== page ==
NATIONAL BUREAU OF ECONOMIC RESEARCH
NATIONAL BUREAU OF ECONOMIC RESEARCH

NBER Working Papers by Marcel Fafchamps

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Working Papers

April 2015Aspire
with Simon Quinn: w21084
We gave US$1,000 cash prizes to winners of a business plan competition in Africa. The competition, entitled ‘Aspire’, was intended to attract young individuals aspiring to become entrepreneurs. Participants were ranked by committees of judges composed of established entrepreneurs. Each committee selected one winner among twelve candidates; that winner was awarded a prize of US$1,000 to spend at his or her discretion. Six months after the competition, we compare winners with the two runners-up in each committee: winners are about 33 percentage points more likely to be self-employed. We estimate an average effect on monthly profits of about US$150: an annual profit of 80% on initial investment. Our findings imply that access to start-up capital constitutes a sizable barrier to entry into ent...
July 2011When is capital enough to get female microenterprises growing? Evidence from a randomized experiment in Ghana
with David McKenzie, Simon R. Quinn, Christopher Woodruff: w17207
Standard models of investment predict that credit-constrained firms should grow rapidly when given additional capital, and that how this capital is provided should not affect decisions to invest in the business or consume the capital. We randomly gave cash and in-kind grants to male- and female-owned microenterprises in urban Ghana. Our findings cast doubt on the ability of capital alone to stimulate the growth of female microenterprises. First, while the average treatment effects of the in-kind grants are large and positive for both males and females, the gain in profits is almost zero for women with initial profits below the median, suggesting that capital alone is not enough to grow subsistence enterprises owned by women. Second, for women we strongly reject equality of the cash and in-...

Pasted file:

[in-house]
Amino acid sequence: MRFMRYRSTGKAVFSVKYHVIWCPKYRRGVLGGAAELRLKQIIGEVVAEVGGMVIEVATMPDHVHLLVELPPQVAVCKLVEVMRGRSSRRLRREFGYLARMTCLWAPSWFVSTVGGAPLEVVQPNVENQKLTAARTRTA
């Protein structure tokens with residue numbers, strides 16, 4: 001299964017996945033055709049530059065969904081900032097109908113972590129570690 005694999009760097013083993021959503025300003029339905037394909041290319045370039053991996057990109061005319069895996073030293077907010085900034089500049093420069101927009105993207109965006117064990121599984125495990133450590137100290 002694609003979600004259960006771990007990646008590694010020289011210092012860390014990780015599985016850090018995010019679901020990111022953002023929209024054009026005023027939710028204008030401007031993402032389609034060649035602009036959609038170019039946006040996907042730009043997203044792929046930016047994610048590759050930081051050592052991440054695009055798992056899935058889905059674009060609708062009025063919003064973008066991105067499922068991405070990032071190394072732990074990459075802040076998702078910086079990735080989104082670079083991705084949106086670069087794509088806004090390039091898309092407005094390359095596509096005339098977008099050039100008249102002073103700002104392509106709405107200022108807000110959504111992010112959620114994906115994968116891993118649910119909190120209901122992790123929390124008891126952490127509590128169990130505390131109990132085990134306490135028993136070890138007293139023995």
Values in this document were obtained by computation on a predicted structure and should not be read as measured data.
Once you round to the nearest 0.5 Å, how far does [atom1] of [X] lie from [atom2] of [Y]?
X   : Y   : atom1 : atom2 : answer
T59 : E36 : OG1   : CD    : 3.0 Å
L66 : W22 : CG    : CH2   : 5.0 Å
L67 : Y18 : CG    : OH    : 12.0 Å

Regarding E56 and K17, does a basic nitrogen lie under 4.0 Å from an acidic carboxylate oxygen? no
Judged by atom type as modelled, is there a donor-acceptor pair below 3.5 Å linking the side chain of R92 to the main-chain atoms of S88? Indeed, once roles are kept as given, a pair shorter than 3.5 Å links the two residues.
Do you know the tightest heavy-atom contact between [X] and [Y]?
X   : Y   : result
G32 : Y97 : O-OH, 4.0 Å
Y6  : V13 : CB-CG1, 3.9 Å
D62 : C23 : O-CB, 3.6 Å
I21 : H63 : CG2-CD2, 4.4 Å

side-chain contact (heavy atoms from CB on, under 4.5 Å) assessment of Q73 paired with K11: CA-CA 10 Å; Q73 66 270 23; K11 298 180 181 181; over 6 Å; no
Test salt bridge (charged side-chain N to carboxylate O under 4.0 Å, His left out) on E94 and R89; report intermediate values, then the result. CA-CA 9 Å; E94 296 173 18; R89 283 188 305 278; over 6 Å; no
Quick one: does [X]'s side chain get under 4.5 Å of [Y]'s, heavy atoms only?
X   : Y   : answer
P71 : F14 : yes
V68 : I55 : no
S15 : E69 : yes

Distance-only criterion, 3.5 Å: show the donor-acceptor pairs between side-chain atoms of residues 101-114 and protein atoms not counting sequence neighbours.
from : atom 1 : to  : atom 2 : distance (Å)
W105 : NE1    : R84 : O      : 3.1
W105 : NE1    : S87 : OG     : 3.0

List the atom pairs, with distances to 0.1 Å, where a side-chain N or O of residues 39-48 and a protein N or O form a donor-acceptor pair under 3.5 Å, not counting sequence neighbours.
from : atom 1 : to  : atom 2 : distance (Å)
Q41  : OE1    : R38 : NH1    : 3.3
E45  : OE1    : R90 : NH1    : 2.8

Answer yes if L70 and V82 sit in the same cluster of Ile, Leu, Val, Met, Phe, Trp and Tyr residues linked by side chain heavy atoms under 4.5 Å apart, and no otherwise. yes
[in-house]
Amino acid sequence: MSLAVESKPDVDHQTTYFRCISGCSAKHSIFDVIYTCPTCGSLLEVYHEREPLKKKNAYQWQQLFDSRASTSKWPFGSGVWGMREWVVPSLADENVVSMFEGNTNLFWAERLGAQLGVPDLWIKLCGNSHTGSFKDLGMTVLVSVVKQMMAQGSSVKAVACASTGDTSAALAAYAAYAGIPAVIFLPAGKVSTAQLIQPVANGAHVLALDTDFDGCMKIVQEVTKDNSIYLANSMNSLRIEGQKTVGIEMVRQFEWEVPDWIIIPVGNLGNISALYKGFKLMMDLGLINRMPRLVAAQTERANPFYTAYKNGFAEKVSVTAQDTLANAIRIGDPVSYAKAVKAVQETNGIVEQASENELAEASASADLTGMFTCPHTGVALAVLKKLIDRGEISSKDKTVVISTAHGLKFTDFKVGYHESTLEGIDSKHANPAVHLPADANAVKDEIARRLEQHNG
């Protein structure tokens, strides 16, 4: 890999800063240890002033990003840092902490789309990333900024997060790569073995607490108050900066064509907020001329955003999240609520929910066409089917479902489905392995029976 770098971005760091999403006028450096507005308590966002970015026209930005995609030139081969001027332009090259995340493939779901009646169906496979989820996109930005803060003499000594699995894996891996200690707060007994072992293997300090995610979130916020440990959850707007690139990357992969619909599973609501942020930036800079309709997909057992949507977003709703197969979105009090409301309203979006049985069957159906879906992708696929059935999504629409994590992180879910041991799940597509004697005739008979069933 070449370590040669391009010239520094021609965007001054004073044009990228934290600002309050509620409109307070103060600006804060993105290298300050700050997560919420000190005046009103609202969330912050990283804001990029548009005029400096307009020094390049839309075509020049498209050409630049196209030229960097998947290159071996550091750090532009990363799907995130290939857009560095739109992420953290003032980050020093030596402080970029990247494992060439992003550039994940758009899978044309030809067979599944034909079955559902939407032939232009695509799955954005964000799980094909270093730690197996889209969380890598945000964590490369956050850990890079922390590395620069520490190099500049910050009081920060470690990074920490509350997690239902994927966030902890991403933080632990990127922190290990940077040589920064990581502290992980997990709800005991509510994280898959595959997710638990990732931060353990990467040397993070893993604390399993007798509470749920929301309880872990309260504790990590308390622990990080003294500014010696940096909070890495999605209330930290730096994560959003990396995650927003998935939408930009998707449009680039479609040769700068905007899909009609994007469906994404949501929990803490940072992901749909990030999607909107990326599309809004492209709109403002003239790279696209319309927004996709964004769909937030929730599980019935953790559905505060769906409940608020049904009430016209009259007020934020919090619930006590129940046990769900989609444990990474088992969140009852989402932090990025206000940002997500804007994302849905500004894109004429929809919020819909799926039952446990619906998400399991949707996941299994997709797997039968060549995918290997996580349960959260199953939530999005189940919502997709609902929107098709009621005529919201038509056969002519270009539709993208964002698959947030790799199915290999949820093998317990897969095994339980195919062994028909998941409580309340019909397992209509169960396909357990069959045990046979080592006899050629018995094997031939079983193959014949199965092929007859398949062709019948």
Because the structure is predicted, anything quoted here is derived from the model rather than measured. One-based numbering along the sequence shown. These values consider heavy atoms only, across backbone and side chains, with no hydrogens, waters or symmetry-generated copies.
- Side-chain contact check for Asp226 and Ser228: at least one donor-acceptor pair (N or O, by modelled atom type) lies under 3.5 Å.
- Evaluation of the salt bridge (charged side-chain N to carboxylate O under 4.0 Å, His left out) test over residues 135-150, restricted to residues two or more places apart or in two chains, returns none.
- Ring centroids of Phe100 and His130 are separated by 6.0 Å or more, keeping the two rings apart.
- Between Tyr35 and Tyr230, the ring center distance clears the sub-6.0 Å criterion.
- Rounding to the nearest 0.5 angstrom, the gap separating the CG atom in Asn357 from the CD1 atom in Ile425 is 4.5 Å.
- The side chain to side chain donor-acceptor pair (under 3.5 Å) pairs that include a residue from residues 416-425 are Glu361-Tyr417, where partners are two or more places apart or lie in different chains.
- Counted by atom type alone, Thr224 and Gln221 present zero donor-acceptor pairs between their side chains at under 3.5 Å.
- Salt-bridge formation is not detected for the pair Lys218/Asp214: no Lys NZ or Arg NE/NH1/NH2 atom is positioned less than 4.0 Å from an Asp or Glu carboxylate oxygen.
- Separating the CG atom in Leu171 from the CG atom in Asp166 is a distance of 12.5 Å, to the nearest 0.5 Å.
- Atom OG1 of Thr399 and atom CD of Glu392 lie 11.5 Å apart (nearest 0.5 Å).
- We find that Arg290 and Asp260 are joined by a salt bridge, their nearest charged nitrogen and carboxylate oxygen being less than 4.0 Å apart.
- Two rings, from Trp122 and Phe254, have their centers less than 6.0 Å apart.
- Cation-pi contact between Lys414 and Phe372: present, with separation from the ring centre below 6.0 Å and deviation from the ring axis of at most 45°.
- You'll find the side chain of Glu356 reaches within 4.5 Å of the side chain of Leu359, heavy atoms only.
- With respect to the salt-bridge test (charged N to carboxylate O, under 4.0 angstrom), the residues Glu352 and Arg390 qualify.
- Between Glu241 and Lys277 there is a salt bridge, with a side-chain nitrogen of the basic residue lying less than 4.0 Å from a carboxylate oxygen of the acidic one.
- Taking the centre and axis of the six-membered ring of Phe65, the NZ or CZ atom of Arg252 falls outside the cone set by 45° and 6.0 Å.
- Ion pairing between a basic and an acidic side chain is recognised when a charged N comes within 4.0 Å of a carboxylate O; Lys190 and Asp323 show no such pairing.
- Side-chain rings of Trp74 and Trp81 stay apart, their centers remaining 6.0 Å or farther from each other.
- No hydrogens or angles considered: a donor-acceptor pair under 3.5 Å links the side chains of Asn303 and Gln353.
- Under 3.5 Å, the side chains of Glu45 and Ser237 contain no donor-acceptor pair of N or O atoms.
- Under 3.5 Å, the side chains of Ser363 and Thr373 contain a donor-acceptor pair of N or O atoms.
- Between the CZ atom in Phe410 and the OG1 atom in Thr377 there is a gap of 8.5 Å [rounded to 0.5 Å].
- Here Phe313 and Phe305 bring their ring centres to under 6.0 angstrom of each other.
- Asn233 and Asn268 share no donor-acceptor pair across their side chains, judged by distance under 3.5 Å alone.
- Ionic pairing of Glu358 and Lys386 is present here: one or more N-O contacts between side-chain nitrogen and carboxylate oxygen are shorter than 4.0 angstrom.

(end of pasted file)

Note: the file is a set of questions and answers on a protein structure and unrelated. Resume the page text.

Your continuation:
Marcel Fafchamps, David McKenzie, Simon Quinn, and Christopher Woodruff, "Female Microenterprises and the Fly-paper Effect: Evidence from a Randomized Experiment in Ghana", Journal of Development Economics, 2014 (forthcoming)

May 2004Social Capital
with Steven N. Durlauf: w10485
This paper surveys research on social capital. We explore the concepts that motivate the social capital literature, efforts to formally model social capital using economic theory, the econometrics of social capital, and empirical studies of the role of social capital in various socioeconomic outcomes. While our focus is primarily on the place of social capital in economics, we do consider its broader social science context. We argue that while the social capital literature has produced many insights, a number of conceptual and statistical problems exist with the current use of social capital by social scientists. We propose some ways to strengthen the social capital literature.

Published: Durlauf, Steven N. & Fafchamps, Marcel, 2005. "Social Capital," Handbook of Economic Growth, in: Philippe Aghion & Steven Durlauf (ed.), Handbook of Economic Growth, edition 1, volume 1, chapter 26, pages 1639-1699 Elsevier.

Contact and additional information for this authorAll NBER papers and publicationsNBER Working Papers onlyInformation about this author at RePEc

 
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